Back in May 2006, Government Leader (an offering of PostNewsweek Tech Media now 1105 Media) presented the article:
Vendor, Vidi, Vici: How to make pitches from industry work for you
where the reporter solicited feedback from current and retired government executives on
the topic of industry meetings. The article started like this:
It’s inevitable. You have to take meetings with vendor representatives.
You can try to ignore phone calls and e-mails, or stay under the radar
by not speaking at events where you can be easily approached. But you
can’t hold back the sea—ultimately, if you’re an government executive
of any consequence, you’ll have to listen to a sales pitch.
been waiting for a follow-on (or two) but alas, Government Leader is no
more! It was a very good article and one I've referenced in
conversation and in practice, often. But in light of the exodus of
companies previously part of the "selling to the government isn't for
" crowd who are now feverishly chasing traditionally-funded and stimulus-funded opportunities, on top of the legions of new sales and business development folks who
have joined us in the last few years, I thought it fitting to make a
contribution in the same spirit.Time waits for no man (or woman)!
full disclosure, I have dramatically changed how I schedule meetings. Those I request as well as those requested of me. The reason? Time is
the most obvious answer, but one that pulls a close second is
relevance. When I request a meeting I clearly state why I want the
meeting and what I hope to come away with from the meeting. This way,
whomever I am making the request of can tell me if they are the right
resource. On more than one occasion since implementing this practice, the person I thought was
the best source has actually invited additional or more relevant people to the
meeting, making it a better use of time all around.
Likewise, I am stingy with meetings I accept. While B2G corporate members of The ASBC (CORE
™ and PrimeConnection
Members) have priority placement on my schedule, even they must
establish expectations for the meeting and provide ample time for me to complete research to ensure I'm going into the meeting with as many of my "ducks in a row" as possible. Without a clear idea of the goal of the meeting, I don't confirm. And I don't do lunch
meetings or capability briefings. Let me clarify. If you are not someone I already have a
relationship with, a meal-based meeting is not an option as it's just not
a good use of time. And if you are not already a member of The
ASBC, I cannot sit down with you to hear about the products and services your company provides or your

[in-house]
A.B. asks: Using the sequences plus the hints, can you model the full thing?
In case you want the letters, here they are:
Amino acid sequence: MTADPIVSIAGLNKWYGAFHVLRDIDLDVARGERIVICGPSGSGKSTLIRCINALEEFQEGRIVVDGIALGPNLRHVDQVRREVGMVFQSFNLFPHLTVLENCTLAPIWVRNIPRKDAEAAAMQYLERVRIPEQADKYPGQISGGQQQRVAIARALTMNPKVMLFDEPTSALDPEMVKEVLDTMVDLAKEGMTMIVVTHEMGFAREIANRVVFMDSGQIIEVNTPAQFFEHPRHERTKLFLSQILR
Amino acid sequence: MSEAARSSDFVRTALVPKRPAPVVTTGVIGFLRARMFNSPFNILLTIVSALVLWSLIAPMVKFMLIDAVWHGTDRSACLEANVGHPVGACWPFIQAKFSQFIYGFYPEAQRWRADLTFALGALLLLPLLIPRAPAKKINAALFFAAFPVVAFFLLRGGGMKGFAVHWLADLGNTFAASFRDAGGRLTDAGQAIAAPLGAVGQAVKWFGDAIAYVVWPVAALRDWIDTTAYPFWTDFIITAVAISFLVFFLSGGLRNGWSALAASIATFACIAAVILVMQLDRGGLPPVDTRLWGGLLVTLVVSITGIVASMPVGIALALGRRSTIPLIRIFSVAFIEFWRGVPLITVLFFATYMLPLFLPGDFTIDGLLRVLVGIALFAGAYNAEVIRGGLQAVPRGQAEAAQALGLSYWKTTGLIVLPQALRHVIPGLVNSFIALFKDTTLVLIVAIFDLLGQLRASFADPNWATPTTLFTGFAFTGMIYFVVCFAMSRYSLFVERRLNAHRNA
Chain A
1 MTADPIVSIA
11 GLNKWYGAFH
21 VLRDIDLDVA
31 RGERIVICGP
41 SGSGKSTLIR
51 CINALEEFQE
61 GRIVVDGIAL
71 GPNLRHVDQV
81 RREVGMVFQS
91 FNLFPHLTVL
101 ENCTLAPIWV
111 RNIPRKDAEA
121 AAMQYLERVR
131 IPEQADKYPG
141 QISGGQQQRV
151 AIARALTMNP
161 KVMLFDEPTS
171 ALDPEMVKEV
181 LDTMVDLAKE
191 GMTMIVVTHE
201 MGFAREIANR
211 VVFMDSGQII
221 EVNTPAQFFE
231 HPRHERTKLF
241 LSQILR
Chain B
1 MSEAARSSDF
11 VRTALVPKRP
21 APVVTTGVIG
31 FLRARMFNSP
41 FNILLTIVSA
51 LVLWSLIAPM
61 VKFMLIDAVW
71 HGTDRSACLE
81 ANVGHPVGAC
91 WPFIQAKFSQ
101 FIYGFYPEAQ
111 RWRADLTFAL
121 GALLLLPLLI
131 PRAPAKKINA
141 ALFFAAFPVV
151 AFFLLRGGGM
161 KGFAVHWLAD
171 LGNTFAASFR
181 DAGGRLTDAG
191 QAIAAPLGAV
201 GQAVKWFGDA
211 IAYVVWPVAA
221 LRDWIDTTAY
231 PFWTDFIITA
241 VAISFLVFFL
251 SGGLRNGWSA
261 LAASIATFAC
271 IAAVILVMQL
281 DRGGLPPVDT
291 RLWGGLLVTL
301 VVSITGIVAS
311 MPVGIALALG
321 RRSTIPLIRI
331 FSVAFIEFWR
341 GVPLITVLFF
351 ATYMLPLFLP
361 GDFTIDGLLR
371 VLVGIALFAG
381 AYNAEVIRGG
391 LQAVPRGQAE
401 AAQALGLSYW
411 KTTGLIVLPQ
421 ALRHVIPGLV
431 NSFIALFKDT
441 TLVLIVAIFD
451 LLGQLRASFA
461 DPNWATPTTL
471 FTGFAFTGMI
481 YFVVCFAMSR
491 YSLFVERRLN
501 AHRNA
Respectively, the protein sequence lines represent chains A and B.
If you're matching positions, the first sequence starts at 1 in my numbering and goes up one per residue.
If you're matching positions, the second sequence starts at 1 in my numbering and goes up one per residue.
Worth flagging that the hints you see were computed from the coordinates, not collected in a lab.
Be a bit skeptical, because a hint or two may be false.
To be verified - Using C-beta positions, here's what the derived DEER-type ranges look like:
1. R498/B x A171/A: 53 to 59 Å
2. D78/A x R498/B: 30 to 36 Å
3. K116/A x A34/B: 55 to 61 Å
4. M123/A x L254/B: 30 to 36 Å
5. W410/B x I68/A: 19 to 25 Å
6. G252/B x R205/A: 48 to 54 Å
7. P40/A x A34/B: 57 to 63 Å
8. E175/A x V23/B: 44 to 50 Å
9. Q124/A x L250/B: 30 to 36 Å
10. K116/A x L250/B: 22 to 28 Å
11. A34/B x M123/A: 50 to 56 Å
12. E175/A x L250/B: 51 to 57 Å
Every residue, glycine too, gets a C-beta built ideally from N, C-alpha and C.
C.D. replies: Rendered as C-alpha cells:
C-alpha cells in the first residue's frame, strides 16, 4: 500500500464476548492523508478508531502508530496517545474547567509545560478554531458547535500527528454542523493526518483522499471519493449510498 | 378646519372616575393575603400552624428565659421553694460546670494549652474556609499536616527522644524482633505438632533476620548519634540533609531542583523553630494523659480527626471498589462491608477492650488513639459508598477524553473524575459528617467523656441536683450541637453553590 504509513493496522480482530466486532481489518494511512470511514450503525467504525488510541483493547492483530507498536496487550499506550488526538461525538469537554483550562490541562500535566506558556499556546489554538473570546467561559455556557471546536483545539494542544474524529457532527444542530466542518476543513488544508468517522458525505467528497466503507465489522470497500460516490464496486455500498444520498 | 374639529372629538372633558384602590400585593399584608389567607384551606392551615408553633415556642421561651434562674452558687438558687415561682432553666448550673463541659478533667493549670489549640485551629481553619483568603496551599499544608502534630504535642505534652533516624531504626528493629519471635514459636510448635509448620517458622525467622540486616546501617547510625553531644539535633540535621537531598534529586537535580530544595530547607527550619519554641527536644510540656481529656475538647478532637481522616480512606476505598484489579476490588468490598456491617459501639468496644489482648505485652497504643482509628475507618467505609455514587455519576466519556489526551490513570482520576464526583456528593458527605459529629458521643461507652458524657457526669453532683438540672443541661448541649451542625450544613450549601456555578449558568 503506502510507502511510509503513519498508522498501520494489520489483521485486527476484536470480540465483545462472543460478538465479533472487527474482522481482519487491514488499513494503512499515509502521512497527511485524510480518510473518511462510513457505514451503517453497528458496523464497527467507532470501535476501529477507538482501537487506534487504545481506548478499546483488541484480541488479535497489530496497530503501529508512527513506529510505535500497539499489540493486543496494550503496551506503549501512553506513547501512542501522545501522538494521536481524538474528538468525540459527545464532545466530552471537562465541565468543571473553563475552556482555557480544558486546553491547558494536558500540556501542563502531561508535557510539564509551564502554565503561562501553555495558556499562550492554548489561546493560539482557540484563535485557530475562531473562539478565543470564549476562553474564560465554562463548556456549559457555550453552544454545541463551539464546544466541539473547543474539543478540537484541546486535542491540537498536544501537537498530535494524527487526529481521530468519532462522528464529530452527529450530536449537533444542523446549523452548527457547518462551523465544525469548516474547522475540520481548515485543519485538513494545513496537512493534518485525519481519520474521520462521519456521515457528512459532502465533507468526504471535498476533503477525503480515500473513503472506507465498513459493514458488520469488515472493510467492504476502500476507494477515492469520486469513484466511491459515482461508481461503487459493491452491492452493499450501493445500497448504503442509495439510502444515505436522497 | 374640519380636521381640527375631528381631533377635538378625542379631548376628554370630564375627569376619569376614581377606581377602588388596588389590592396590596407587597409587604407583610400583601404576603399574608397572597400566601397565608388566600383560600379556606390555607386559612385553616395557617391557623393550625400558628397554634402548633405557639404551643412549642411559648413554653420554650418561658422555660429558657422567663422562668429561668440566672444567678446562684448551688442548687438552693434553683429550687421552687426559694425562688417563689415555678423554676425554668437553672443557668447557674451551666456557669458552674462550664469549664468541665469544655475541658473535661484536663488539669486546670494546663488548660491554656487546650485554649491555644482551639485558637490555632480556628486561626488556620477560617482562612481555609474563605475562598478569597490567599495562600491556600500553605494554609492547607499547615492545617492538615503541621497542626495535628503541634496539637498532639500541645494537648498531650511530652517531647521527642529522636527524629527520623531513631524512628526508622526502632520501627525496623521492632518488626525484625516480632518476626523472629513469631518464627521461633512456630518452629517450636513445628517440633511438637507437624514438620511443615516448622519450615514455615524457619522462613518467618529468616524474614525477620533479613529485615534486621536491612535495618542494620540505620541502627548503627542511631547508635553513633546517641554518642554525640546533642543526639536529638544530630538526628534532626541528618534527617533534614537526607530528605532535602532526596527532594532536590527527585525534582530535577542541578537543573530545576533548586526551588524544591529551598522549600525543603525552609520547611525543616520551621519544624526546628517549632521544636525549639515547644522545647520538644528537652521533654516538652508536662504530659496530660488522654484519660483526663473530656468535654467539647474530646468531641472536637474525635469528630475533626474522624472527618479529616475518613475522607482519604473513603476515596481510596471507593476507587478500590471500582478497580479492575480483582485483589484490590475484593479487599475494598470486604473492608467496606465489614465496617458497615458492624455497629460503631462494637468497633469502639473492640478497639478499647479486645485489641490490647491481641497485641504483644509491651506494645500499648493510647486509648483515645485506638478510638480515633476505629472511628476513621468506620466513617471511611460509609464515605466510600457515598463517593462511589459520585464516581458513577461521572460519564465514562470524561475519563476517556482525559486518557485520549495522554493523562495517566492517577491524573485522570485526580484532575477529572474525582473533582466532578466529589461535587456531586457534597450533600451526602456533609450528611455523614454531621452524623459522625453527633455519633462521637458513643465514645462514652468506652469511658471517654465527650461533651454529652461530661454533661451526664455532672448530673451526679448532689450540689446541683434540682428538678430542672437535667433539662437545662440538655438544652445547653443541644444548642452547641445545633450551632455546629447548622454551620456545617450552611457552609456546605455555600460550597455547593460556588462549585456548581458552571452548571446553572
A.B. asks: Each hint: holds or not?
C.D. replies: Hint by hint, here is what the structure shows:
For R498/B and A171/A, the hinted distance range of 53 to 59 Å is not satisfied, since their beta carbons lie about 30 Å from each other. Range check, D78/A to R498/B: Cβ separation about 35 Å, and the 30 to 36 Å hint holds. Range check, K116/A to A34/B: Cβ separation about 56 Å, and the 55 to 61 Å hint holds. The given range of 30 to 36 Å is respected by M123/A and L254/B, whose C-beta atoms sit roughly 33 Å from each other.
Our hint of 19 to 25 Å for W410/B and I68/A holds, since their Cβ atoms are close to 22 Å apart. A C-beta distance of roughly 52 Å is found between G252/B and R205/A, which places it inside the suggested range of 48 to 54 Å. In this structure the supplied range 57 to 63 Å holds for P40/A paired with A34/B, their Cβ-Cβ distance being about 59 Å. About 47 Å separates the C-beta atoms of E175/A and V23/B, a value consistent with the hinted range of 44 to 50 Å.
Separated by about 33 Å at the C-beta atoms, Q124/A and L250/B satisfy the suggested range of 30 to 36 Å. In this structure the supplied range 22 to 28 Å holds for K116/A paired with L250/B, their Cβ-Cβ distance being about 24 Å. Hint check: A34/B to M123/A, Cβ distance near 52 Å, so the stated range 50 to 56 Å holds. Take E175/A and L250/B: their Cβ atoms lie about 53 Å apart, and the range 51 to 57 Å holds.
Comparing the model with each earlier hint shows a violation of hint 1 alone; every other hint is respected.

goals in the government sector. The ASBC is focused on creating winning situations for our Members and
it is not sensible or fair for us to let someone take me to lunch to pick my
brain. The only Not Yet Members
my board (and my boss!) allow me to
meet with are from the Government and the same expectation exists (they have to set expectations for the meeting as well).No Dog and Pony Show, Please!
are plenty of opportunities where companies can "show their wares" but
trying to schedule a meeting with decision-makers just to do an overall
capability briefing is inefficient. If you have a chance to get an
audience with an agency or industry decision-maker, make it count! If
you have done the research necessary to gain the meeting, most likely
you've been able to uncover specific areas of interest if not a
specific requirement they have, which you can use as the basis of your
conversation. For example, how does your offering help them resolve an
issue or achieve greater program efficiency. If the nature of the
meeting is not somewhere along those lines, think about why you are
requesting it. Howdy Pardner.
you are trying to entice another company to partner with you, an
efficient exchange that show's you done your homework and value the
time of the other party can go a long way to making a good impression.
The same level of scrutiny (SWOT, Bid/No-Bid, etc.) you apply to
pursuing opportunities, should apply in some way (if not the exact same
way) to qualifying potential partners. What do they bring to the table?
What do you bring to the table? Is the opportunity one they would be
interested in based on previous awards and company alignment?
Partnerships are crucial to success in the government sector and
putting your best foot forward is crucial to garnering partnerships.
tougher and tougher nowadays to identify the right person to speak with
based on your goal for a meeting. It is your job to qualify if the
meeting is necessary and if the person or group you are reaching out to
is the best resource, and if a meeting of any kind is a good use of
time for everyone involved.
- The Chief Visionary and Executive Officer